You may have heard that the world is made of atoms and molecules, but it is really made up of stories. — William Turner
Recently we listened to an excellent webinar featuring Marc Wortmann, Executive Director of Alzheimer’s Disease International. He said, “Sharing your stories is one way you can make a difference.” I asked several writers and storytellers to share their motivations and insights.
Sharing Stories Reduces Isolation
“Journaling helped me maintain my sanity when faced with the unpredictability of my parent’s behavior due to cognitive decline. Sharing my stories with other caregivers helps us to realize we aren’t in the boat alone. As the saying goes, ‘A shared burden lightens the load,’ and hopefully reduces our stress levels and perhaps even elevates our coping skills.” — Vicki Tapia, author, Somebody Stole My Iron. www.SomebodyStoleMyIron.com
Writing Stories Clears the Mind
“Just writing down my thoughts on scraps of paper helped me clear my head and face my day. I wrote about the rough spots and about my changing relationship with my mom. I found it helpful to read my stories aloud to people in my writing group; it was comforting to share and hear that people identified with me. As caregivers we often feel invisible. I wrote my book because I wanted to share my day-to-day life as a caregiver.” — Martha Stettinius, author, Inside the Dementia Epidemic: A Daughter’s Memoir, http://www.insidedementia.com
Using Stories Ignites Public Conversation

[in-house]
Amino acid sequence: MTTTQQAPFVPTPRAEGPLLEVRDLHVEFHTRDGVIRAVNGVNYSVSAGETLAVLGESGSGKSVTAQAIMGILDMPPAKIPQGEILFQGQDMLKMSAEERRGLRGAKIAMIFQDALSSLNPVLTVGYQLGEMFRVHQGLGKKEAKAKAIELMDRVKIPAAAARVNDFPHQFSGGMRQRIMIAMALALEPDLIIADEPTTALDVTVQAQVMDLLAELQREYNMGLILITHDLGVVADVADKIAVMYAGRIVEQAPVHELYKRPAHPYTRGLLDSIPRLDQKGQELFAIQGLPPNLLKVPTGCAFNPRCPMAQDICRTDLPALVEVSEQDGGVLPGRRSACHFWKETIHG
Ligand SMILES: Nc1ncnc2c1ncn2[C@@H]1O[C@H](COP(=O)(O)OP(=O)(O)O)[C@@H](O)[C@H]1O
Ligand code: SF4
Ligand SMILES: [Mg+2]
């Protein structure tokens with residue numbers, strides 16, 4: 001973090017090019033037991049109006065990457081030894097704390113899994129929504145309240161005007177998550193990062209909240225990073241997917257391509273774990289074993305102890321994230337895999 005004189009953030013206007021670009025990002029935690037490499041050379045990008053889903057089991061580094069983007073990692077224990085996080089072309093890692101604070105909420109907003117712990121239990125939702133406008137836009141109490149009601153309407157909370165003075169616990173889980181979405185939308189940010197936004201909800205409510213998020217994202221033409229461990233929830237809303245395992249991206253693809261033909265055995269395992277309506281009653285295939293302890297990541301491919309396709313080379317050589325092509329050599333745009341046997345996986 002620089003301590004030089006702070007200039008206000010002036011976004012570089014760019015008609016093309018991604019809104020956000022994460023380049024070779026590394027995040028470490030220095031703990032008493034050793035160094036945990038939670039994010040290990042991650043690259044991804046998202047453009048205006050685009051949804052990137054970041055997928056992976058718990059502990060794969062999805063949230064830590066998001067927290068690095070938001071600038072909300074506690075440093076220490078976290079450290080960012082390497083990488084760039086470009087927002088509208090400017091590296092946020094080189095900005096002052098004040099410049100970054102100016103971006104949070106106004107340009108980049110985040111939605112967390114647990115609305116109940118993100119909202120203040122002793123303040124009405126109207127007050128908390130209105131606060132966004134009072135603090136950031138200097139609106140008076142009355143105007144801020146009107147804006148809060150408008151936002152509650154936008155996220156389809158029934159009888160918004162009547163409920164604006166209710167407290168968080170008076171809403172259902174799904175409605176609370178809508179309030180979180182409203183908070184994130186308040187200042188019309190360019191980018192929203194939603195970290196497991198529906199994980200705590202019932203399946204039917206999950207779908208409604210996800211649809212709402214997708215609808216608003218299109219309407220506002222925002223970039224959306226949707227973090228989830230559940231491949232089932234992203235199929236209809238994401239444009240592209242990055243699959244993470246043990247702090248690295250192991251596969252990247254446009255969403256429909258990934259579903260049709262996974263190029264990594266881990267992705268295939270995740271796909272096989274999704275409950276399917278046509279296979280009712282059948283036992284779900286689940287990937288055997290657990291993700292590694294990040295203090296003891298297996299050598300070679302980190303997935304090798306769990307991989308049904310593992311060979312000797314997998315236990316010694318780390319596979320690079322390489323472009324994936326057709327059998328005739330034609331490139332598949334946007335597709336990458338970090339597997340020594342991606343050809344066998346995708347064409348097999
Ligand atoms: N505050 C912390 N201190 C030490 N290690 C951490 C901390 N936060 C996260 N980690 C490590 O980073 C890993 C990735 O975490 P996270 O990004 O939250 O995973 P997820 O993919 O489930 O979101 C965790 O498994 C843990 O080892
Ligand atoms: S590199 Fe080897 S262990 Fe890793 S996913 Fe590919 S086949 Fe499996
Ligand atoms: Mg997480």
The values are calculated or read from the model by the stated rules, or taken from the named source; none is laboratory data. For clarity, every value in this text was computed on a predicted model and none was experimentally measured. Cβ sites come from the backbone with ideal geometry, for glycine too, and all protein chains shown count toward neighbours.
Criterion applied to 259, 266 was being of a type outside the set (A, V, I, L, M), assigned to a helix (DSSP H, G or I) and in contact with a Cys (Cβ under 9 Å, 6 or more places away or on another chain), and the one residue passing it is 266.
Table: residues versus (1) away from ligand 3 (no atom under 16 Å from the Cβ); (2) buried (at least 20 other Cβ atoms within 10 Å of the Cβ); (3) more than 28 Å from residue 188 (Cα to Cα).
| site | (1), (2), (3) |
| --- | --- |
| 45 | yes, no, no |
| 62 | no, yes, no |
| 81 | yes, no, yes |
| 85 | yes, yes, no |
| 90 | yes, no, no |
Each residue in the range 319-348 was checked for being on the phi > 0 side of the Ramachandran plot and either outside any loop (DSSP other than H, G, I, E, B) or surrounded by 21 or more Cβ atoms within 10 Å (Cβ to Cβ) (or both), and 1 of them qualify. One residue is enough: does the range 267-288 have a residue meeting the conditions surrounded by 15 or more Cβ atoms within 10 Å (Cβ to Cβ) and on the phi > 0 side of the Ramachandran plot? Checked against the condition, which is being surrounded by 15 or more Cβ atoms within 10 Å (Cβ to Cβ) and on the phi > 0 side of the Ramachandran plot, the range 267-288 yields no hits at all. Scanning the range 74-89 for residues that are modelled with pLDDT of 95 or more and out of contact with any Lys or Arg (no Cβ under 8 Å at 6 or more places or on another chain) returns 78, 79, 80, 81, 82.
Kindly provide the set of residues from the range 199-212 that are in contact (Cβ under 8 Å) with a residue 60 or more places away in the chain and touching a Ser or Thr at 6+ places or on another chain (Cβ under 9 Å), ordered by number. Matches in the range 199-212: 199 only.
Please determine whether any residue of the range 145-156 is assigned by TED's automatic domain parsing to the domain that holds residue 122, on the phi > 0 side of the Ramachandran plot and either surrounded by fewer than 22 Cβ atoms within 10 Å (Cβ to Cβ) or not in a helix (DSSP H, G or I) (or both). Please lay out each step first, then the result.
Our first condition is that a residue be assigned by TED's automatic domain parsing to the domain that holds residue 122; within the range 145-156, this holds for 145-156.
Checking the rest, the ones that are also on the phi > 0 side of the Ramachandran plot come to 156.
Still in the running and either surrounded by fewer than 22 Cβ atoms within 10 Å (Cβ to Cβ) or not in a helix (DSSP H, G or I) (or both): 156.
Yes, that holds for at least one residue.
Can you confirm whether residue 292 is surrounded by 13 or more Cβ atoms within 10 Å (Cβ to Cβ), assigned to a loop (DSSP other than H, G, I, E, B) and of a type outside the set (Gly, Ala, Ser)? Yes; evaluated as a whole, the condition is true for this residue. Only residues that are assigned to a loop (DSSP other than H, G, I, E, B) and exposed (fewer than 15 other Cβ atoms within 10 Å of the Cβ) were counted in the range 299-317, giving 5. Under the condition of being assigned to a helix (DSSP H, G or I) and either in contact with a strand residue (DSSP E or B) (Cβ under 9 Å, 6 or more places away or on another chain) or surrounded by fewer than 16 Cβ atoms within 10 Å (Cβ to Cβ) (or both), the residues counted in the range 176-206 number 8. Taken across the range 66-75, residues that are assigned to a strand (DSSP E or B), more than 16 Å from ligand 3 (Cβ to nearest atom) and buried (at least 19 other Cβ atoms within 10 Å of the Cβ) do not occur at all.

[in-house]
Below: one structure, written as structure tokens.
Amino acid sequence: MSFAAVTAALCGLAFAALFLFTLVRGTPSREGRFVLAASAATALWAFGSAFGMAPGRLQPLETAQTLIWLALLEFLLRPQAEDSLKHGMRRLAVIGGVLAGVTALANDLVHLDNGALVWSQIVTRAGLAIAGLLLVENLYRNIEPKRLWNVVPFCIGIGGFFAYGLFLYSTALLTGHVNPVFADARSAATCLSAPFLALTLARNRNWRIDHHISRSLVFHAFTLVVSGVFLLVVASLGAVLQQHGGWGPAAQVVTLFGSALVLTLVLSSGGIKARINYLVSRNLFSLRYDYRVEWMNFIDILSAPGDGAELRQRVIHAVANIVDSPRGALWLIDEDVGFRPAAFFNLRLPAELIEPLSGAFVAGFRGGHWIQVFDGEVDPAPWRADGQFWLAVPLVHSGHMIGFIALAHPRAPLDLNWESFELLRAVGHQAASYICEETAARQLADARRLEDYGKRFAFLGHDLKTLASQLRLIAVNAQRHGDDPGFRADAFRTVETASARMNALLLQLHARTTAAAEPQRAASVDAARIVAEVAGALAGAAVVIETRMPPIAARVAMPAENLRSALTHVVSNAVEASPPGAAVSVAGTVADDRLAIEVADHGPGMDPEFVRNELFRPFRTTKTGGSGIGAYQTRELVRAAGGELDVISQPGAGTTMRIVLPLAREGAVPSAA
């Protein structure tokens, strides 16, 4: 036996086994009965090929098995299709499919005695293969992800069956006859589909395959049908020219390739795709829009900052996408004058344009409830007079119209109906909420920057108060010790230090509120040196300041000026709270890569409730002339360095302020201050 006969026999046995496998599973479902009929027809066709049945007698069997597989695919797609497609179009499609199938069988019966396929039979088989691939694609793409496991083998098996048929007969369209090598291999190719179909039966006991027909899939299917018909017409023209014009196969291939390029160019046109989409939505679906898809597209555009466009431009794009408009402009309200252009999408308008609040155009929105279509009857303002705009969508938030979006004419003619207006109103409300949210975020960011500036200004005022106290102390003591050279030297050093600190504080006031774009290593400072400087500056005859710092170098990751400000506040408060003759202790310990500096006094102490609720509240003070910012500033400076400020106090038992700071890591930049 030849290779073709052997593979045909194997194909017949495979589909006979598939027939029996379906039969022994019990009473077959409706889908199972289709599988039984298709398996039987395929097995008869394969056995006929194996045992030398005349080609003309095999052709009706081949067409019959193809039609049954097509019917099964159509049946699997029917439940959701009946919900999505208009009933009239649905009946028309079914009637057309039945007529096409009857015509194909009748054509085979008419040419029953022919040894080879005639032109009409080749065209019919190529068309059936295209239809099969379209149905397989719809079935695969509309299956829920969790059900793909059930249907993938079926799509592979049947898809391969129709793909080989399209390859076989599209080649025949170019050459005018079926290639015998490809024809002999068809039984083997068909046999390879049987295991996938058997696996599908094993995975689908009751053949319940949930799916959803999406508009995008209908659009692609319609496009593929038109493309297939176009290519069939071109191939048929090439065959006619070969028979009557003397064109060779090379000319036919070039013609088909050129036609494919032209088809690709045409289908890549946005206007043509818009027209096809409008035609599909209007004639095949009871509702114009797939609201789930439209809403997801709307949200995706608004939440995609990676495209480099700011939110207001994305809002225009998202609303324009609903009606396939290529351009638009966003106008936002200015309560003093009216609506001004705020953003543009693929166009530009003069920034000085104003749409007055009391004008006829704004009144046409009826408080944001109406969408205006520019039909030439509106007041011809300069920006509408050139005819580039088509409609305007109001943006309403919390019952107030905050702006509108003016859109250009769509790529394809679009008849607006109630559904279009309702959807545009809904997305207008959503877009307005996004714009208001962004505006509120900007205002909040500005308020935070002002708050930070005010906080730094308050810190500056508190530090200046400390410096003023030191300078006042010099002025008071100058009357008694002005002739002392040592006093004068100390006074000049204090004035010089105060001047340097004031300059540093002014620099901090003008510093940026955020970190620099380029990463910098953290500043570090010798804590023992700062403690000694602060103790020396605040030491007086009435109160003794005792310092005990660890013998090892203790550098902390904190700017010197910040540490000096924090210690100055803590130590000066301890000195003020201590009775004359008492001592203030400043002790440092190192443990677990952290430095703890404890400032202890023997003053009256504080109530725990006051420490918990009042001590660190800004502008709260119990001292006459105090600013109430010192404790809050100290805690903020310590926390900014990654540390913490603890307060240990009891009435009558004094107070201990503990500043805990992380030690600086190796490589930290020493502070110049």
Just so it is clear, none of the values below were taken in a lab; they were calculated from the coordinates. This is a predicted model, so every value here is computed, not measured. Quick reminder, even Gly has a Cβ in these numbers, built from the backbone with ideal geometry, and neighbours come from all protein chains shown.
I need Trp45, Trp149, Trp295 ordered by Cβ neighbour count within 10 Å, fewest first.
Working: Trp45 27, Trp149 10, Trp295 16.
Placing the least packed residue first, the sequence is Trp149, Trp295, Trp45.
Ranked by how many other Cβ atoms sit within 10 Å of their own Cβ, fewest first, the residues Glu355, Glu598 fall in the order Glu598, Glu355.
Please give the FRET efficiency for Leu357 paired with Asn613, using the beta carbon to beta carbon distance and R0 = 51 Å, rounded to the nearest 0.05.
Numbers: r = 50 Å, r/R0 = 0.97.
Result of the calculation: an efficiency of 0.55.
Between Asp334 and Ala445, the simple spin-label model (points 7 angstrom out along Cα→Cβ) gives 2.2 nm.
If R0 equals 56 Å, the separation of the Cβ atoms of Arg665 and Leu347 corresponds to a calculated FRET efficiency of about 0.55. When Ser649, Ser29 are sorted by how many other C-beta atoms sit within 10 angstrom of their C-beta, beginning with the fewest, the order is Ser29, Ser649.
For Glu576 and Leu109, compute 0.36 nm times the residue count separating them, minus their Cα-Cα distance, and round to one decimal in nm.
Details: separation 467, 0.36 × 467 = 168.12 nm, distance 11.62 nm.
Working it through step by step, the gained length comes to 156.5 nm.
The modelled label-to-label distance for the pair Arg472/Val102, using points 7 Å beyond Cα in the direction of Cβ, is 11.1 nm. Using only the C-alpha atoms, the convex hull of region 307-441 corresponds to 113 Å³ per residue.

“When I was writing my book, I had one objective in mind: I wanted to use our family story to ignite a public conversation about care. Not just any old conversation — I wanted people to talk about social policy around the dinner table the same way folks discuss politics. I wanted our story to be anyone’s story.” — Donna Thomson, The Four Walls of My Freedom: Lessons I’ve Learned From a Life of Caregiving www.donnathomson.com
Telling Stories Makes a Difference
“As a speechwriter, I’ve known that stories can make any topic come alive. As a speech coach, I’ve seen that otherwise ‘ordinary’ speakers can produce ‘extraordinary’ presentations by including memorable stories. Storytelling has the capacity to make a difference anywhere. When my mother suffered a sudden stroke, I told her stories. She couldn’t speak, but her face lit up as I spoke. She liked the stories I’d tell her — simple stories about our friends, our home, the weather, and good times. You don’t have to be skilled or sophisticated to let storytelling make things better. You just have to get started.” — Joan Detz, author of How To Write & Give A Speech www.joandetz.com/speechwritingblog
Deborah is the author of Love in the Land of Dementia: Finding Hope in the Caregiver’s Journey.